2Protect healthcare: As Omicron spreads, GoI must think of booster shots for medical professionals
GoI’s warning to state governments on Omicron includes keeping public health infrastructure in operational readiness. But what about boosting healthcare workers’ immunity against the virus? A study published in Lancet has just shown that protection accorded by the AstraZeneca vaccine (Covishield) dips three months after the second dose. Currently, healthcare workers numbering around 70 lakh (nearly 70%) are those who took their second doses over six months ago. If the highly infectious Omicron variant surges in India too, many health workers can get infected. This, in turn, will reduce healthcare capacity to treat patients. Fearing this, the Indian Medical Association and some state governments have urged GoI to approve booster doses for health workers.
That a booster dose of Covishield, administered to nearly 90% Indians, is unlikely to work well for those already jabbed twice with it, has complicated the picture. Meanwhile, mix and match studies of Covishield with Covovax have shown good results. WHO and EU regulators have just cleared this SII-manufactured vaccine for emergency use listing. Also note that WHO recommends that those jabbed with inactivated virus-based vaccines, Covaxin, in India’s case, must also get booster list priority. Bharat Biotech’s intra-nasal vaccine is apparently the booster for those jabbed with Covaxin – but the timeline for its clearance is not clear.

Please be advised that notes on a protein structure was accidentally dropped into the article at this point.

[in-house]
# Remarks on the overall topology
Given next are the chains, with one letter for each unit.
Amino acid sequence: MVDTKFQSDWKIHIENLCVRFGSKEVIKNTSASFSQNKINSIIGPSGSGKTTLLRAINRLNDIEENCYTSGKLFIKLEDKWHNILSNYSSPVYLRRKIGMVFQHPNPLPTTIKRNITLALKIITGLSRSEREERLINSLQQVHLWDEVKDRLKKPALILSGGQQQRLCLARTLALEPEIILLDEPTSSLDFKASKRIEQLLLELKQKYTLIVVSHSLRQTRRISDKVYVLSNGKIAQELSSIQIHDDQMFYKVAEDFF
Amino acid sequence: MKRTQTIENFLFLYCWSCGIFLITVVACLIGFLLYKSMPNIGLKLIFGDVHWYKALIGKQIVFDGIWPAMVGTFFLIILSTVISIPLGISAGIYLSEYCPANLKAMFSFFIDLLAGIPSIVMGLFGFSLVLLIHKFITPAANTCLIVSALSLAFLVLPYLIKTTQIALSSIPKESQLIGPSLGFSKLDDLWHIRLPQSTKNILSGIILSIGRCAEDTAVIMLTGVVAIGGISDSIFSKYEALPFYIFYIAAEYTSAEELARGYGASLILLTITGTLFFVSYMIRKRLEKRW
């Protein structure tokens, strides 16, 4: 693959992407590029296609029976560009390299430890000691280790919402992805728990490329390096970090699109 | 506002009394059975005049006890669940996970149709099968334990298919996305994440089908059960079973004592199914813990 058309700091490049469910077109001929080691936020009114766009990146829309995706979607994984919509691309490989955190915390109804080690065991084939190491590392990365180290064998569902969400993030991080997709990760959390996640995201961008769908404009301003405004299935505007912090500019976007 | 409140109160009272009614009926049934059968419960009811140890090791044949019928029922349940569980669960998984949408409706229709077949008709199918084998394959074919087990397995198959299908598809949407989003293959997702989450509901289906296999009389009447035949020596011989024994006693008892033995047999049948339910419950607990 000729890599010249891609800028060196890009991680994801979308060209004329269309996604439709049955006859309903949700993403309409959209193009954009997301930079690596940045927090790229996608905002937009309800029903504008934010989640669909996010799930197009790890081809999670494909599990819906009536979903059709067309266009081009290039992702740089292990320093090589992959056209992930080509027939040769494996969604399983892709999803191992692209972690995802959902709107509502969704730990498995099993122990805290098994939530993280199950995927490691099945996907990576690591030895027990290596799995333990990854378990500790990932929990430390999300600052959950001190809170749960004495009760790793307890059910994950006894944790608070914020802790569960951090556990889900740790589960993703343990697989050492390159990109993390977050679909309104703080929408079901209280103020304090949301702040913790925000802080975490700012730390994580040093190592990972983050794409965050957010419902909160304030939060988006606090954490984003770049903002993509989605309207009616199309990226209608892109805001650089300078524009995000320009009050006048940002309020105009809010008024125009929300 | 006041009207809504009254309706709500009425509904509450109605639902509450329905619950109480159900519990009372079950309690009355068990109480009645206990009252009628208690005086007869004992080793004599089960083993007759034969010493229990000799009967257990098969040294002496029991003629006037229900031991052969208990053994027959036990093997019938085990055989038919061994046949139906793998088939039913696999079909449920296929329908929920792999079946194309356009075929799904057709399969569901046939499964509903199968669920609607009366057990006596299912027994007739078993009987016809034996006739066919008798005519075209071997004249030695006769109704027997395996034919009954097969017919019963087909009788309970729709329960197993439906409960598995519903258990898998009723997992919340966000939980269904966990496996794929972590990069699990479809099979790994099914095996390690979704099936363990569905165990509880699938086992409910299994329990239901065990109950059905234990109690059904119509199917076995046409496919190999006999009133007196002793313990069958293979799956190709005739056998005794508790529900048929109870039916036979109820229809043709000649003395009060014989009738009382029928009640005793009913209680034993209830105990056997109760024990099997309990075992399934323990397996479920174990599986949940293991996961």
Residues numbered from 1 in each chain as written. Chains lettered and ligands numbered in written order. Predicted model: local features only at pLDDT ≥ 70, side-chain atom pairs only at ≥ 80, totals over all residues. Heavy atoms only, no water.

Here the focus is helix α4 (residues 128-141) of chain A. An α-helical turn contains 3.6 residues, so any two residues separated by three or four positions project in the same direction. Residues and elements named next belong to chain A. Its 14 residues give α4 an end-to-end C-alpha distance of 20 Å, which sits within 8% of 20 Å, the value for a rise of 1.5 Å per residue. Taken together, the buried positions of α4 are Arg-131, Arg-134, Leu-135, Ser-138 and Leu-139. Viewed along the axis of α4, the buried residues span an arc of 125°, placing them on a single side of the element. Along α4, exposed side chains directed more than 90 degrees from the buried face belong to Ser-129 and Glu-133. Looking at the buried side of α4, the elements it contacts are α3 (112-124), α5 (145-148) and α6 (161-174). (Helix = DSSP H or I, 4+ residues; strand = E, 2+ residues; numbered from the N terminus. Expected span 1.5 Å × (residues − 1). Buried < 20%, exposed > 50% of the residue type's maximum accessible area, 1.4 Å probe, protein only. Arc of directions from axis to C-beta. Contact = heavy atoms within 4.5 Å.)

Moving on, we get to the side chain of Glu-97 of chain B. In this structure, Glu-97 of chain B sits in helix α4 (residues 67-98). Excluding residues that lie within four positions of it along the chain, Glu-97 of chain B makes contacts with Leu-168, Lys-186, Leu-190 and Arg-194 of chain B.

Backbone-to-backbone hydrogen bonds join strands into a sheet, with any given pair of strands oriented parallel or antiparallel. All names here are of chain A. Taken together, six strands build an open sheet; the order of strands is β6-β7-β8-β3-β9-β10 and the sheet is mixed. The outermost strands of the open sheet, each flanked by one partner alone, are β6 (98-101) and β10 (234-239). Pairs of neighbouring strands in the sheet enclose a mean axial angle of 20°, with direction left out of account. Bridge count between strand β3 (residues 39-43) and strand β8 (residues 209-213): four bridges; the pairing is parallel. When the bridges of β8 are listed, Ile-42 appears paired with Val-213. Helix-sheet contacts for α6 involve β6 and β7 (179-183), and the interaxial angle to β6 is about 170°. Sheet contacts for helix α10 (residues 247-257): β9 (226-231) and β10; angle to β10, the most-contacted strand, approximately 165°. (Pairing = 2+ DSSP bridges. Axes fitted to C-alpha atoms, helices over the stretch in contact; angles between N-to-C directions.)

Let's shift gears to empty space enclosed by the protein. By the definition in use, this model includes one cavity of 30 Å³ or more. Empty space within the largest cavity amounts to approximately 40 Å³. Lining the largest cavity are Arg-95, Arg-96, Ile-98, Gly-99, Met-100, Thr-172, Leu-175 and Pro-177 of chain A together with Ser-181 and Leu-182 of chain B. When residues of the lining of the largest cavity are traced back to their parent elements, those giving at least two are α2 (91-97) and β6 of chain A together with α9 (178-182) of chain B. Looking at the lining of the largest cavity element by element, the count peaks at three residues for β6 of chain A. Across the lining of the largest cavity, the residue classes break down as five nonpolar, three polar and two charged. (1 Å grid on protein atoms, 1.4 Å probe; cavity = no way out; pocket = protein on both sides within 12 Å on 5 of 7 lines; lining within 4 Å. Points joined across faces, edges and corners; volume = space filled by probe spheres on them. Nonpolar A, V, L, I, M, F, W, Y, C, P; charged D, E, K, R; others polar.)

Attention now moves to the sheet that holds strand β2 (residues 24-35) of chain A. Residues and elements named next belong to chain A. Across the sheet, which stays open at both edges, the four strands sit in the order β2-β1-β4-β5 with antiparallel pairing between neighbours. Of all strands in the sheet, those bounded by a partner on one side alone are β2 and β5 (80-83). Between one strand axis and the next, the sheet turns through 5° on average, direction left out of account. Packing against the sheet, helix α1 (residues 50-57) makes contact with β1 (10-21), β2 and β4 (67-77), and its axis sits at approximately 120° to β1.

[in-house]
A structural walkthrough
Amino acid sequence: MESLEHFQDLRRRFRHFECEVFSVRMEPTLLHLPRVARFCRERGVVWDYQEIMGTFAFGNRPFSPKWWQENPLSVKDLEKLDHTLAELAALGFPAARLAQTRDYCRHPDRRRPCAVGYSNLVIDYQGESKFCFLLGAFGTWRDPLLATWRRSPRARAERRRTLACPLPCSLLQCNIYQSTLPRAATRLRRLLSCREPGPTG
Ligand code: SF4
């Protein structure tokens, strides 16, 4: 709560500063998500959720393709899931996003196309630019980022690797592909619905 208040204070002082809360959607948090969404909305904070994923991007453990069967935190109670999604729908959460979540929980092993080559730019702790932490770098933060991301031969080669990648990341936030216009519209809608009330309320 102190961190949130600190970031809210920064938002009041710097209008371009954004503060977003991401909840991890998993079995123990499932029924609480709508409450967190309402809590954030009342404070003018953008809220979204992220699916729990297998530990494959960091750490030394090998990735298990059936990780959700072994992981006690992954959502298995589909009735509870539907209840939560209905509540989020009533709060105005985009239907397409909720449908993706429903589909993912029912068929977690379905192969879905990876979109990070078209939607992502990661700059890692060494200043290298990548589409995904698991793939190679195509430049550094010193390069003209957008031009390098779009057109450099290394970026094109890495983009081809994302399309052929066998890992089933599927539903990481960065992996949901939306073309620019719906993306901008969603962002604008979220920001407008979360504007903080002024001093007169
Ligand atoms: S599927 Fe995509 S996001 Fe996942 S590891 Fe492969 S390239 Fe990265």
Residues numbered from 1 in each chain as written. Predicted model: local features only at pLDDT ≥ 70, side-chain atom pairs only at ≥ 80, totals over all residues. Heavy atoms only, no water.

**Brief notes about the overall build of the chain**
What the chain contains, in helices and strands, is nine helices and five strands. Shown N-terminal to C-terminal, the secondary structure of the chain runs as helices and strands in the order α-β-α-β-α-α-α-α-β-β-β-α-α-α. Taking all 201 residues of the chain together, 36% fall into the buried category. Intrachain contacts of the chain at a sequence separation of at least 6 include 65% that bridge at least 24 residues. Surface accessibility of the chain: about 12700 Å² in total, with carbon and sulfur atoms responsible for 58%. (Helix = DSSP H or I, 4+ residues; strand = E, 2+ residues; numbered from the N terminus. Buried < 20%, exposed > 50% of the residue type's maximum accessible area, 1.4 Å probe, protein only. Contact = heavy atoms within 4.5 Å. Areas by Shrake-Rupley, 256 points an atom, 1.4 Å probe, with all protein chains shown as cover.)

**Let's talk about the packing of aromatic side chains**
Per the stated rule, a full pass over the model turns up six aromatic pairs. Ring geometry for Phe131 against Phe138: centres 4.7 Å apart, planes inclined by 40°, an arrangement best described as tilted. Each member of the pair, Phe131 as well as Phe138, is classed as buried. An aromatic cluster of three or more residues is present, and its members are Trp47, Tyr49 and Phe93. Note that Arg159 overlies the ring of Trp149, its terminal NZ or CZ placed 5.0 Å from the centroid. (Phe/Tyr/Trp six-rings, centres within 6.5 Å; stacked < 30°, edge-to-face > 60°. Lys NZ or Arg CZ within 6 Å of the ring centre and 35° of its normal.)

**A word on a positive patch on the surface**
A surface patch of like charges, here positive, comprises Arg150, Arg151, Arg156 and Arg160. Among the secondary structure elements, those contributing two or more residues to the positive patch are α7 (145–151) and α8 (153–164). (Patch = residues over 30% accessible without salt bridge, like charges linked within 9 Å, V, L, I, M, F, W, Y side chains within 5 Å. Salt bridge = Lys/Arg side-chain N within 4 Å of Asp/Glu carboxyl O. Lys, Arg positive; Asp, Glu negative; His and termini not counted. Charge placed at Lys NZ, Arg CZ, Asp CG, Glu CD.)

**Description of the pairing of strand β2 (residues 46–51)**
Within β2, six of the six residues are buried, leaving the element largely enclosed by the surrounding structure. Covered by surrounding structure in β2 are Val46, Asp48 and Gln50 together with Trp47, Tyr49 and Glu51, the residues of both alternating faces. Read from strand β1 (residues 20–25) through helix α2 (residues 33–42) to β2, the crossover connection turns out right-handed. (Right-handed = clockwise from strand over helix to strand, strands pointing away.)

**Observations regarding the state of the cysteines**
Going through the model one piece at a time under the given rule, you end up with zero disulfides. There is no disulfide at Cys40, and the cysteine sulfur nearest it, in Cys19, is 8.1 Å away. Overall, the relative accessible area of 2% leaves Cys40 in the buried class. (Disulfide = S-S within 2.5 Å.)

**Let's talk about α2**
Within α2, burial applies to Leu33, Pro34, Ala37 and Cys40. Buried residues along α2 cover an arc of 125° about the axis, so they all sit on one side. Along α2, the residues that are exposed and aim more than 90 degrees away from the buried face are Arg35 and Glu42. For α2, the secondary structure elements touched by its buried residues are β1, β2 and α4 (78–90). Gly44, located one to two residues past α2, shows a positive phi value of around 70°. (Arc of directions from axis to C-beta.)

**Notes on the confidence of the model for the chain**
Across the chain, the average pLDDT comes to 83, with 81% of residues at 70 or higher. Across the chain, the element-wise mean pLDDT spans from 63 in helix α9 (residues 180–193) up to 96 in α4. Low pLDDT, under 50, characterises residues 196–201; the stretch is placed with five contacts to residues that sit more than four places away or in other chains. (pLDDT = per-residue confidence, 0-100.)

There’s no question that GoI must move. Both Covovax and BB’s intra-nasal vaccine must receive focussed official attention and all plans must be based on worst case scenario assumptions. We still don’t know what the official thinking is on boosters – that in itself is a policy gap that needs to be filled. States are moving to restrict activities – Delhi and Maharashtra have put curbs on Christmas-New Year partying – and while moving earlier and in a graded fashion is better than blunt instruments like lockdowns, faster vaccination and a smart rollout of boosters remain the best official weapons.
3.Warning bells: On Omicron cases in India
India must ensure more availability of beds, medicines and vaccines to deal with Omicron